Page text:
Connectivity for the (occasional) road warrior

When you have a virtual machine that connects both to the host directly and to the network via bridging, you can run into troubles with DNS resolution if you use DHCP on both network interfaces. Since the solution is somewhat cryptically hidden in the DHCP client manual, here’s a walkthrough.

Modern web development usually takes place on virtual machines that resemble the target environment better than the operating system of the programmer’s choice. A nice bonus is that you can have different setups for different projects running at once. There are a couple of virtualization technologies available, we usually run VMware, VirtualBox or KVM. All have in common that they simulate hardware for an operating system that runs in a sandbox. Sandboxing only works for the parts that do not directly touch the real world though. When it comes to internet connectivity, the host system needs to provide physical access to its own network device. There are three modes of network connectivity that are supported by all virtualization solutions alike: Bridged network access, NAT and Host-only. In the first case, the guest can use the network device of the host freely and get assigned its own IP address. NAT means the host provides a virtual network device to the guest and routes via network address translation, which means the guest can not be reached from outside, but can establish connections itself. In the host-only case, the guest can communicate with the host and possibly with other virtual machines running on the locally, but not with everyone else.

As a web programmer in a team, i want my team to be able to access the web server running on my virtual machine. That means, i need a bridged networking device. Since I need a valid IP address, i request it from the company DHCP server (which in our case even assigns the address to the name i choose in our intranet DNS).

As someone who frequently travels by train and wants to be able to work through the journey (without having to have mobile internet), i want to be able to connect to my virtual machine without internet connectivity. That means if I do not want to hardwire IP addresses, i need to use the host-only network getting addresses automatically via DHCP from the host.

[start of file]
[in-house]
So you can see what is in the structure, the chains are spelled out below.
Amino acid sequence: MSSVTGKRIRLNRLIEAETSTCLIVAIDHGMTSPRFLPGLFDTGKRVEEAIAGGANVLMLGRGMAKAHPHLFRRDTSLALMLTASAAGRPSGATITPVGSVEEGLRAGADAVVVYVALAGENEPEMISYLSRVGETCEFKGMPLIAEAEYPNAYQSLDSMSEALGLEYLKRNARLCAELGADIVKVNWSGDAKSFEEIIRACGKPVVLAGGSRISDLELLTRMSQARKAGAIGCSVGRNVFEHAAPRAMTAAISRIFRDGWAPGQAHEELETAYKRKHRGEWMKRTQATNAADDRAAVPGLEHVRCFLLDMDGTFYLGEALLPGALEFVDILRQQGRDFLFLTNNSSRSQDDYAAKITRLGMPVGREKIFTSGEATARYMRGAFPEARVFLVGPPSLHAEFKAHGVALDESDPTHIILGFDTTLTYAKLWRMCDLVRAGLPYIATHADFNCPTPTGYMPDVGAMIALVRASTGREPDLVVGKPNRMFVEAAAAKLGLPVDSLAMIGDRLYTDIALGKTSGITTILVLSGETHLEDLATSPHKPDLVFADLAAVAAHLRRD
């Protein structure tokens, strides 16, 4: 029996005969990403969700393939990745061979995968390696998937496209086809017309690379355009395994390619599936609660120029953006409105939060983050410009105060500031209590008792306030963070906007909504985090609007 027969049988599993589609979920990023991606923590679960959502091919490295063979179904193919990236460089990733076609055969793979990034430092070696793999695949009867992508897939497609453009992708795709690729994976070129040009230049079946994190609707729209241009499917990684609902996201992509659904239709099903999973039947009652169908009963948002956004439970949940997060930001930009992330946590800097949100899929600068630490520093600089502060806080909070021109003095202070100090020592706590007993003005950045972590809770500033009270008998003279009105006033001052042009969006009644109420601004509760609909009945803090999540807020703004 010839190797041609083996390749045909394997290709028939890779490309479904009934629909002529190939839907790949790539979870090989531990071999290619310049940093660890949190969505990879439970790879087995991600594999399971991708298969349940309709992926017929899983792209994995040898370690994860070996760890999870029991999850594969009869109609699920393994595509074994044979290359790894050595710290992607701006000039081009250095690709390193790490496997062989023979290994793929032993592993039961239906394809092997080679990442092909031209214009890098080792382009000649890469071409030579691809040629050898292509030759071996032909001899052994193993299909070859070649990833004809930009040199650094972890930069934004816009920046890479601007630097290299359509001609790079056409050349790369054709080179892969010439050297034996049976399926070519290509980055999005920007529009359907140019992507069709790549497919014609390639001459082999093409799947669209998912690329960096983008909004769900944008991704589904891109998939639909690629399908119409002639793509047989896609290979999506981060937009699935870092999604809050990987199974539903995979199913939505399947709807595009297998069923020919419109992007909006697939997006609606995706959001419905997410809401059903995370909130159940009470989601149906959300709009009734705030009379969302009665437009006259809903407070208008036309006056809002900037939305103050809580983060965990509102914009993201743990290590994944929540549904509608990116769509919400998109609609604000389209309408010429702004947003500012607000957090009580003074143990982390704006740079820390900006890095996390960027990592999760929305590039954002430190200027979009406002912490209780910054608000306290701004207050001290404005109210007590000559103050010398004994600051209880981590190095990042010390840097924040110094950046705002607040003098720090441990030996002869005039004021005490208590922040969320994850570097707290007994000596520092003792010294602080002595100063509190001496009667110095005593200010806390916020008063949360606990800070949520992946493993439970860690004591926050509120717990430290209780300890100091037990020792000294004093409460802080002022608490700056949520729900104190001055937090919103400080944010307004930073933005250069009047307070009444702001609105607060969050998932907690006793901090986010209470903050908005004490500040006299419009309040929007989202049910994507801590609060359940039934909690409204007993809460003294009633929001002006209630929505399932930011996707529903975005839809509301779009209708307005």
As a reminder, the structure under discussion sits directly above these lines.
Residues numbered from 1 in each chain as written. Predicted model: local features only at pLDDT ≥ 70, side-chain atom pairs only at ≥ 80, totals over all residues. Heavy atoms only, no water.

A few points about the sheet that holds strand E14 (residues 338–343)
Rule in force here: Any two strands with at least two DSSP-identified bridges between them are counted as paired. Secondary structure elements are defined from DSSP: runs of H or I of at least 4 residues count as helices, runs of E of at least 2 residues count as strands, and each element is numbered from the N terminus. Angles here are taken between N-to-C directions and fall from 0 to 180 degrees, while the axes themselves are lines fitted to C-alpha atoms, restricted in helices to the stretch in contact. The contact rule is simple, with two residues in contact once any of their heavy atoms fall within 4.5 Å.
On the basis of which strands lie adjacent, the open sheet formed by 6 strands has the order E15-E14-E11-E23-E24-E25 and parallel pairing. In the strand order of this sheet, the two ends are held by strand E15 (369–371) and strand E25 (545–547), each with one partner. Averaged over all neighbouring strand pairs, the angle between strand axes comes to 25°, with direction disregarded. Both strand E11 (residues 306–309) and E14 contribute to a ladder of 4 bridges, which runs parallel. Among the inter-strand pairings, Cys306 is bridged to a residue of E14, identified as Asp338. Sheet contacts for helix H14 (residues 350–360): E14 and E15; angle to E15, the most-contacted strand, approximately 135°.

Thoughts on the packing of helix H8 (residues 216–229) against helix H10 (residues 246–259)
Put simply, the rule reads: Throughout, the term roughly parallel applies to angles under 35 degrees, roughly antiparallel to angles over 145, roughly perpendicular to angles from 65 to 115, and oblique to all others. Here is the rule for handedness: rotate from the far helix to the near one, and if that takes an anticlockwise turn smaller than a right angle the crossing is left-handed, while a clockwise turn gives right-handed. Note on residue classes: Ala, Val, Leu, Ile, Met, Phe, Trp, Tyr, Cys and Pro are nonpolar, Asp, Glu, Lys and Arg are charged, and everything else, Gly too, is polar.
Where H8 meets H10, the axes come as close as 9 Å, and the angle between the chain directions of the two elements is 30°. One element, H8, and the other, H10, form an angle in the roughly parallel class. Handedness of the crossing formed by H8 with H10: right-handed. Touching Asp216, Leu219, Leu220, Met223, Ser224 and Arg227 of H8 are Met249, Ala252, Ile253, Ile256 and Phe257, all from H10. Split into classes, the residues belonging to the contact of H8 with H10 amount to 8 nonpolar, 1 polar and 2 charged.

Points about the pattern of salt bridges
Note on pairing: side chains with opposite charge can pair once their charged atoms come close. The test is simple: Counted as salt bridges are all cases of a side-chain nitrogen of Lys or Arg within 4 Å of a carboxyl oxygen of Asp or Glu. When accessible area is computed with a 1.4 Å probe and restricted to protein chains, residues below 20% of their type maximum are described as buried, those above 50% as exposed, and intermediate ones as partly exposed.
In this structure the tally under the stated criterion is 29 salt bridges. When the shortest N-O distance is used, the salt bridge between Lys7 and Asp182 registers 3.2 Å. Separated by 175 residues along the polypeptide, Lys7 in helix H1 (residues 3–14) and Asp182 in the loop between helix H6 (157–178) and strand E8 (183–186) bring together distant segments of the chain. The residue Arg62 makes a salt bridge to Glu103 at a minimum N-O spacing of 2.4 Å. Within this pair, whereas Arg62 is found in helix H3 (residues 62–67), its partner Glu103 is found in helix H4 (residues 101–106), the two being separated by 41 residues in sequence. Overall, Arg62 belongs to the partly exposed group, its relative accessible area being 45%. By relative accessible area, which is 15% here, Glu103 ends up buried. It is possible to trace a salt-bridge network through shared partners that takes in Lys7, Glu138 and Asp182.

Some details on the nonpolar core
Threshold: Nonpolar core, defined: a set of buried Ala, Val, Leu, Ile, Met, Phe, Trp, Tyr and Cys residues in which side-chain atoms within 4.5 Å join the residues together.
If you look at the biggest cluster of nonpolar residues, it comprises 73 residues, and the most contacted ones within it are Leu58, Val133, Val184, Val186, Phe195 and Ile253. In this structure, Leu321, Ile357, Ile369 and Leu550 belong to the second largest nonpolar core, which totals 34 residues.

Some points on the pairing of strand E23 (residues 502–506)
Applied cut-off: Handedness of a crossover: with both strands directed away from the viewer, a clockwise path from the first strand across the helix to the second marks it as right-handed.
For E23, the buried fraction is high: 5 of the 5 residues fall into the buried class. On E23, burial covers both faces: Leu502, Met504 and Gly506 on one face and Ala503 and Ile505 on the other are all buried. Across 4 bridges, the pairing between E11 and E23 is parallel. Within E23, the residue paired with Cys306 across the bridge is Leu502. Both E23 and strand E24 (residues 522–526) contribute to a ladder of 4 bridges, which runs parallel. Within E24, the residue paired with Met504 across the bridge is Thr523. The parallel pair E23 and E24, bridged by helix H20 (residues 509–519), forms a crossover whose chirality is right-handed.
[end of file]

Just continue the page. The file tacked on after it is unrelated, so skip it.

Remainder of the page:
Since i do not want to reconfigure my setup every time I change workplaces from office to travel or the other way round, i would like to have a configuration that allows me to always use host-only, but let everyone else connect to my public IP address.

Sounds easy. The devil is in the details, though. Nowadays, DHCP not only gets you an address, but additionally provides DNS resolution (and possibly an NTP connection). Running two network devices in DHCP client mode in the standard setup therefore yields two sources of DNS servers. For a couple of reasons, there is no unambiguous solution for that, so you end up with a resolv.conf file that alternates between the usual DNS servers in the company and a default configuration from the host-only network that yields no resolution at all. So you want to stop getting DNS from your host, but still get an address for the host-only network. Since the documentation is a bit terse there, here is the simple version:

The standard client config (for Ubuntu Linux) has the following:

That means the DHCP client tries to get all those from the server. The short solution now would be to remove all things DNS from there and have a static resolv.conf. There is a more sophisiticated way though:

Provided that eth0 is your bridged device, the DHCP client is advised to only get adresses for all devices and only for eth0 to get name resolution and everything else.

Für neue Blogupdates anmelden:


Ein Gedanke zu “Connectivity for the (occasional) road warrior

Schreibe einen Kommentar

Deine E-Mail-Adresse wird nicht veröffentlicht. Erforderliche Felder sind mit * markiert.